Don’t expect to drive over the Northern Avenue Bridge ever again.
City officials working on replacing the long-closed bridge over Fort Point Channel appear to be moving toward designing a span that would prioritize walking and bicycling and prohibit single-occupancy cars. Indeed, conceptual images shared Tuesday with an advisory committee don’t show any vehicles.
There are still details to work out before the project can move forward, such as the cost and how to balance the needs of walkers and bikers with those of the corporate shuttle buses used by many people who commute into and out of the Seaport.
But city engineers pledged a “people first” design, and the new images reflect that, depicting two narrow spans crossing the water, connected to a pavilion that extends over the channel.
One span — accommodating one lane of traffic — would be devoted to buses, shuttles, and emergency vehicles. A separate span — on the harbor side — and the space below it would be for walkers and bikers, or just a place for people to congregate.
While the bridge would be planned to “evolve” with the city’s transportation needs, officials said, there are no plans to allow regular car traffic.
“What we heard from the task force, what we heard from the community, is that people want a ‘people first’ experience with the Northern Avenue Bridge,” said Chris Osgood, the city’s chief of streets. “The experience people have both in viewing it and crossing it is what we focused on.”
The concepts, released for the first time Tuesday afternoon, pleasantly surprised advocates who’ve spent years pushing City Hall to rebuild the bridge as a pedestrian-oriented span and not just as another automobile bridge like the nearby Moakley Bridge, which carries Seaport Boulevard over the channel.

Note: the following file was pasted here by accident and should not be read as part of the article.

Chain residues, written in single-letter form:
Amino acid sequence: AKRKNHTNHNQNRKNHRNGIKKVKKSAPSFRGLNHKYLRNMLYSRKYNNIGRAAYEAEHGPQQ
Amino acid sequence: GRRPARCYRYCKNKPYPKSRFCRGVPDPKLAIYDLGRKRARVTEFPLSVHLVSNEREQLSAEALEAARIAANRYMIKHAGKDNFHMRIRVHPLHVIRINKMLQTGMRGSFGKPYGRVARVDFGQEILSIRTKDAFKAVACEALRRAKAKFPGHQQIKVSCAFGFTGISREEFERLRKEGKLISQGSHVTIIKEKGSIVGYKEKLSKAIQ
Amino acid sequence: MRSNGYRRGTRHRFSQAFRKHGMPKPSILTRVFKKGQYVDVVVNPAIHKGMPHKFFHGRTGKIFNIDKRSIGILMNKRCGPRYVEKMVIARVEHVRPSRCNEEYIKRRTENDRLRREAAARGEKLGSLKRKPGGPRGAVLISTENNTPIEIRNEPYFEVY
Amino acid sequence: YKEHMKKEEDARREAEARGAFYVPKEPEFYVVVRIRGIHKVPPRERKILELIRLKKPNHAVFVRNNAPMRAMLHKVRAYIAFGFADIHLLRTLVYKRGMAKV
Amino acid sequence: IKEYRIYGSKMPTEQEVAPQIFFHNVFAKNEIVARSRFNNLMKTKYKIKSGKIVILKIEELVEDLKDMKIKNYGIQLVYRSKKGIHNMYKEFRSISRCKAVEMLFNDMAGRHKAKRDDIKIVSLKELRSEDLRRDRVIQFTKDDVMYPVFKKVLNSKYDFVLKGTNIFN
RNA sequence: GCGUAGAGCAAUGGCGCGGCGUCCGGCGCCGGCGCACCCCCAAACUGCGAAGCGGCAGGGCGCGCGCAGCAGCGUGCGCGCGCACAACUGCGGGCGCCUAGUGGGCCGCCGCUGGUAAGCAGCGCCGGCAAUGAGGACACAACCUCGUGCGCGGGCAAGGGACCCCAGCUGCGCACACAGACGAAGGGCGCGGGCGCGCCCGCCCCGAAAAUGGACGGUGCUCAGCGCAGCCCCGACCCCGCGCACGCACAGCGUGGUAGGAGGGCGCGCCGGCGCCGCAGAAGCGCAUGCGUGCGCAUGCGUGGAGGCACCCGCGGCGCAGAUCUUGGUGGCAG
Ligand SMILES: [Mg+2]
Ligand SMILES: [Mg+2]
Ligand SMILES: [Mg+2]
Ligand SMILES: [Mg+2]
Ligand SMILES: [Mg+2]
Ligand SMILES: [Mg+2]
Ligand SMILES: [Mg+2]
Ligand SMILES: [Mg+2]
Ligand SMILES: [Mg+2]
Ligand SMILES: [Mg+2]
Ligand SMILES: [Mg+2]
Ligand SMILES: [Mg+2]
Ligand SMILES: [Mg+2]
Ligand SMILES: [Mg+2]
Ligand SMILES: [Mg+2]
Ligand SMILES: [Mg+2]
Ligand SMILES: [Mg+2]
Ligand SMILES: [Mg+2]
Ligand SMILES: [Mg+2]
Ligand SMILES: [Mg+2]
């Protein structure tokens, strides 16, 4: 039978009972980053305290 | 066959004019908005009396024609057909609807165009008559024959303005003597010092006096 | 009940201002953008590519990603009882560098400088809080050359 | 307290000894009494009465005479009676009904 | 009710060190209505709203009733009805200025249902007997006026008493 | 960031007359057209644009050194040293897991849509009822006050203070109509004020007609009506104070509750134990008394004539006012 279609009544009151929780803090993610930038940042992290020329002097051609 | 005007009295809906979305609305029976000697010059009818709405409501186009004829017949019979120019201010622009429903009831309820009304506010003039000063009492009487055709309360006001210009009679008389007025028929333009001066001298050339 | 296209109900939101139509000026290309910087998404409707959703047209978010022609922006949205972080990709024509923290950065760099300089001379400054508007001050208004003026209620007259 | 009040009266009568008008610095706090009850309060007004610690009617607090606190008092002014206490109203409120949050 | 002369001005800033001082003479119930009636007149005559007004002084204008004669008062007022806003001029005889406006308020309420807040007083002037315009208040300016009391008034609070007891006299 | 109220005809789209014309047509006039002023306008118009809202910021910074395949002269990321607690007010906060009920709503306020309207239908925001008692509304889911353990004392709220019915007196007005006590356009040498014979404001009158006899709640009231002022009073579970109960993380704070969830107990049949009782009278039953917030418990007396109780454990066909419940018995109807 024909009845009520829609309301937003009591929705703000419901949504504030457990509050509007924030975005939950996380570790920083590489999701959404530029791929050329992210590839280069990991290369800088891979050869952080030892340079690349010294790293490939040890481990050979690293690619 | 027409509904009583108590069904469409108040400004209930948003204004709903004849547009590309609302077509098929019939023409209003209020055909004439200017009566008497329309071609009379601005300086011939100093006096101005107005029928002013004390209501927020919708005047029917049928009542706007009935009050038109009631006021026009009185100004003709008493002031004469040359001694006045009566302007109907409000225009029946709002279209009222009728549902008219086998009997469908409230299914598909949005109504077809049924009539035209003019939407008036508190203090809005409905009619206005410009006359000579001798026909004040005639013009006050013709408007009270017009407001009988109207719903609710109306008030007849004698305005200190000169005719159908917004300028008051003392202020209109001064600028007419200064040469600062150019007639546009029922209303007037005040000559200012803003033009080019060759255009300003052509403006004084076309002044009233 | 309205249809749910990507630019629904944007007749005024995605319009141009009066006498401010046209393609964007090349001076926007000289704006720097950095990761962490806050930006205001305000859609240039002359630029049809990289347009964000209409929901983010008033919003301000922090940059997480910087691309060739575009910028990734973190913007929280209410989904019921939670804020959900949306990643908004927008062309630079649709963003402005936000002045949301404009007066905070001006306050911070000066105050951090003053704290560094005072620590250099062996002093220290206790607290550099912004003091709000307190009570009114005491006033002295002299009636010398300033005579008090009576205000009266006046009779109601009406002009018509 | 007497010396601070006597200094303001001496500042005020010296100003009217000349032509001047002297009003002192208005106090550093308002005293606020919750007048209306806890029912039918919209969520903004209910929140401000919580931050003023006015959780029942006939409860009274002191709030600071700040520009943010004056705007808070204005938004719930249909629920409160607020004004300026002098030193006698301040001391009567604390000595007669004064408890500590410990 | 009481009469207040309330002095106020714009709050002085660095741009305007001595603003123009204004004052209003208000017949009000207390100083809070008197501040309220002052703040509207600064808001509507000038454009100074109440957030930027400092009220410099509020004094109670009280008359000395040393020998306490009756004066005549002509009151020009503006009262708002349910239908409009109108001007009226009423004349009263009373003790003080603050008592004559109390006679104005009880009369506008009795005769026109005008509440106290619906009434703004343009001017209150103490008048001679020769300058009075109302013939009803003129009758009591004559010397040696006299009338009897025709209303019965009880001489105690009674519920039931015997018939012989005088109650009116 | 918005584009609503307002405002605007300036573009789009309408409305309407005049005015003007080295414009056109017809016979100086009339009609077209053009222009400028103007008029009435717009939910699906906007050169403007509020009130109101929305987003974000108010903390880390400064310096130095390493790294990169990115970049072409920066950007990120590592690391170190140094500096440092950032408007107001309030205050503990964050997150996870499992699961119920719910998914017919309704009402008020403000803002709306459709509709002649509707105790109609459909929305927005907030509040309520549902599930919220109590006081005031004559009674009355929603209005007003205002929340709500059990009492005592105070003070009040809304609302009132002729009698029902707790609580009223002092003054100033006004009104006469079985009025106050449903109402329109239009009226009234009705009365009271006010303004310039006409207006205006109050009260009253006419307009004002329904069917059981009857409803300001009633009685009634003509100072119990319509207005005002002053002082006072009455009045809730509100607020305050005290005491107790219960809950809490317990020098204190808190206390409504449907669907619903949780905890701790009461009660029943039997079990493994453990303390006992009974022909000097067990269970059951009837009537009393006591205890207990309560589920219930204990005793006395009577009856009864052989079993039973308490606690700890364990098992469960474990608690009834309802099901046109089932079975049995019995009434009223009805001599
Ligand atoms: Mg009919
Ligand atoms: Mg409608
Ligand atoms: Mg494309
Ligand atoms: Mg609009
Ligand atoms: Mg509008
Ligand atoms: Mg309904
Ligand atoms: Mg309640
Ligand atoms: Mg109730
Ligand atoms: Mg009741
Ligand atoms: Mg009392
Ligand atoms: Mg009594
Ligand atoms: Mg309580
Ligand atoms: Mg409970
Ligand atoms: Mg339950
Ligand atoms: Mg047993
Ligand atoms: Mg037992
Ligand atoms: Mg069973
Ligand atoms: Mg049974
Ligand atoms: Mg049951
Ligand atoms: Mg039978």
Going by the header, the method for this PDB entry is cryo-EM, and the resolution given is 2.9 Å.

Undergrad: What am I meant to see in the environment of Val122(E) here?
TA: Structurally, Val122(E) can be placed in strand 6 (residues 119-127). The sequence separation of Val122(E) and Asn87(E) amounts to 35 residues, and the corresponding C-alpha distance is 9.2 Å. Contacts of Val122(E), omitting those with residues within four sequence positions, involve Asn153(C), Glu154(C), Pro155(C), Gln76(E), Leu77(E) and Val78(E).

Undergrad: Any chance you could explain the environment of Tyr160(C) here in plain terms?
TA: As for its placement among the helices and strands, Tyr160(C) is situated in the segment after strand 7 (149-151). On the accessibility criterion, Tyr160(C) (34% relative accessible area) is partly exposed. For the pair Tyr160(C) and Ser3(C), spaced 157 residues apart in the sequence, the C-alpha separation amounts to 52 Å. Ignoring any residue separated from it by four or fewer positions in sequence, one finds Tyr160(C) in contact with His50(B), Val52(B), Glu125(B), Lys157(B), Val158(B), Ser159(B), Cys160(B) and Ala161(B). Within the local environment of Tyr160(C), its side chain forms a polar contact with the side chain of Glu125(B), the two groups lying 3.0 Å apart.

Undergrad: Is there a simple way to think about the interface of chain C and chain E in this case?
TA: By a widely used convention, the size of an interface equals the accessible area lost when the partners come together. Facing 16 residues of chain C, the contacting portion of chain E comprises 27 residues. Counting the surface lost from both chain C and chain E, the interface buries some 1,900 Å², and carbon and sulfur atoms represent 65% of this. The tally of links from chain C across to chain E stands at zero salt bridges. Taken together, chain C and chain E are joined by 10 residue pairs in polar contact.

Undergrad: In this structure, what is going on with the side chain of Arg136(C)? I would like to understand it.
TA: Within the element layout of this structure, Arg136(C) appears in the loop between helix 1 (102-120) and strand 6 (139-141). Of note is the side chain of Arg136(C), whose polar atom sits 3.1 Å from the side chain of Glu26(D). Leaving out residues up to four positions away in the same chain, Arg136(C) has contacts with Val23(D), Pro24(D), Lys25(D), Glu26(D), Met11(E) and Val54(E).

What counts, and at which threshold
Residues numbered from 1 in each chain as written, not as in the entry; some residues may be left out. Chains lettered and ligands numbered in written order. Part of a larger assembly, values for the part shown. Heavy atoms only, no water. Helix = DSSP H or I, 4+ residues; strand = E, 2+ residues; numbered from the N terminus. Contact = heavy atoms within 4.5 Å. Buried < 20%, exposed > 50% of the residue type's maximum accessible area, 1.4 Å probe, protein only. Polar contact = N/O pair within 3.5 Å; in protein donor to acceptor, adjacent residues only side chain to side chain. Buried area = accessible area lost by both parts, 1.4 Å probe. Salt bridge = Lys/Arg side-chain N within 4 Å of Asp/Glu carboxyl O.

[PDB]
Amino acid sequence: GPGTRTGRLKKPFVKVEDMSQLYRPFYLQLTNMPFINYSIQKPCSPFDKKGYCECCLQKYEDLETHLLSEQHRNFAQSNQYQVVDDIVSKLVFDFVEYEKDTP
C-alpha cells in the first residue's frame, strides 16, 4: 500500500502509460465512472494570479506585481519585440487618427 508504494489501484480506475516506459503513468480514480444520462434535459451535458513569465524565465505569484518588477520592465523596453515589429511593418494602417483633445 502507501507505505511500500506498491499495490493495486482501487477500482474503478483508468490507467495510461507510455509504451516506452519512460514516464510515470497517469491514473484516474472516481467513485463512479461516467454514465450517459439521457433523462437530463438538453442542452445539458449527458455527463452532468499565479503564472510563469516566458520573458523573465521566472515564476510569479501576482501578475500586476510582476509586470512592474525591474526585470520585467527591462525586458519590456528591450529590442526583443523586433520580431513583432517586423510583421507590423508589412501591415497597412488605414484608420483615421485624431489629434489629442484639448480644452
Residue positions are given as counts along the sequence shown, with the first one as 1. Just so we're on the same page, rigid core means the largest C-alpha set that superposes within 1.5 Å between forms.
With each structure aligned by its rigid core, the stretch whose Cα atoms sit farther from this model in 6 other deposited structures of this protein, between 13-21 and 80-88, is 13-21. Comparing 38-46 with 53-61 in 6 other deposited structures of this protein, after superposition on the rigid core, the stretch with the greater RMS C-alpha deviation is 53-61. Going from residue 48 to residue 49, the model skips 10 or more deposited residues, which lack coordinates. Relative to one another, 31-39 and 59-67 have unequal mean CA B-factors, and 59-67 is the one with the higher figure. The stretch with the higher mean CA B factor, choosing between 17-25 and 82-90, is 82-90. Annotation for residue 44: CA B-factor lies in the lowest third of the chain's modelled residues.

“It’s a very, very different place than we were six months ago,” said Stacy Thompson, executive director at the LivableStreets Alliance. “I think this concept is fantastic. . . . There’s a lot to like.”
The plan also reflects other priorities, said Rick Dimino, president of A Better City and chair of a task force that’s advising the city on the bridge, from historic preservation to climate resiliency to creating an interesting new place that better links downtown and the Seaport.
“I’ve got to give the city a lot of credit,” Dimino said. “They found a really interesting way to blend a lot of interests.”
But a lot of questions remain:
How will shuttle buses and pedestrians safely mingle at either end of the bridge, where the two spans would merge?
How much of the Northern Avenue Bridge’s historic architecture would be incorporated into the new structure?
And how will the city pay for it? The Walsh administration has pledged $46 million for the project, but that’s less than half the roughly $100 million that Osgood said will ultimately be needed.
Those issues and others will be worked out as the design process continues, Osgood said. City engineers are aiming for more specific designs by spring, and “100 percent design” in 2021. They would break ground a year after that, and construction would take two to three years.
That means a bridge could open in 2025, a little more than a decade after the original span was closed because of safety concerns.
Tim Logan can be reached at firstname.lastname@example.org. Follow him on Twitter at @bytimlogan.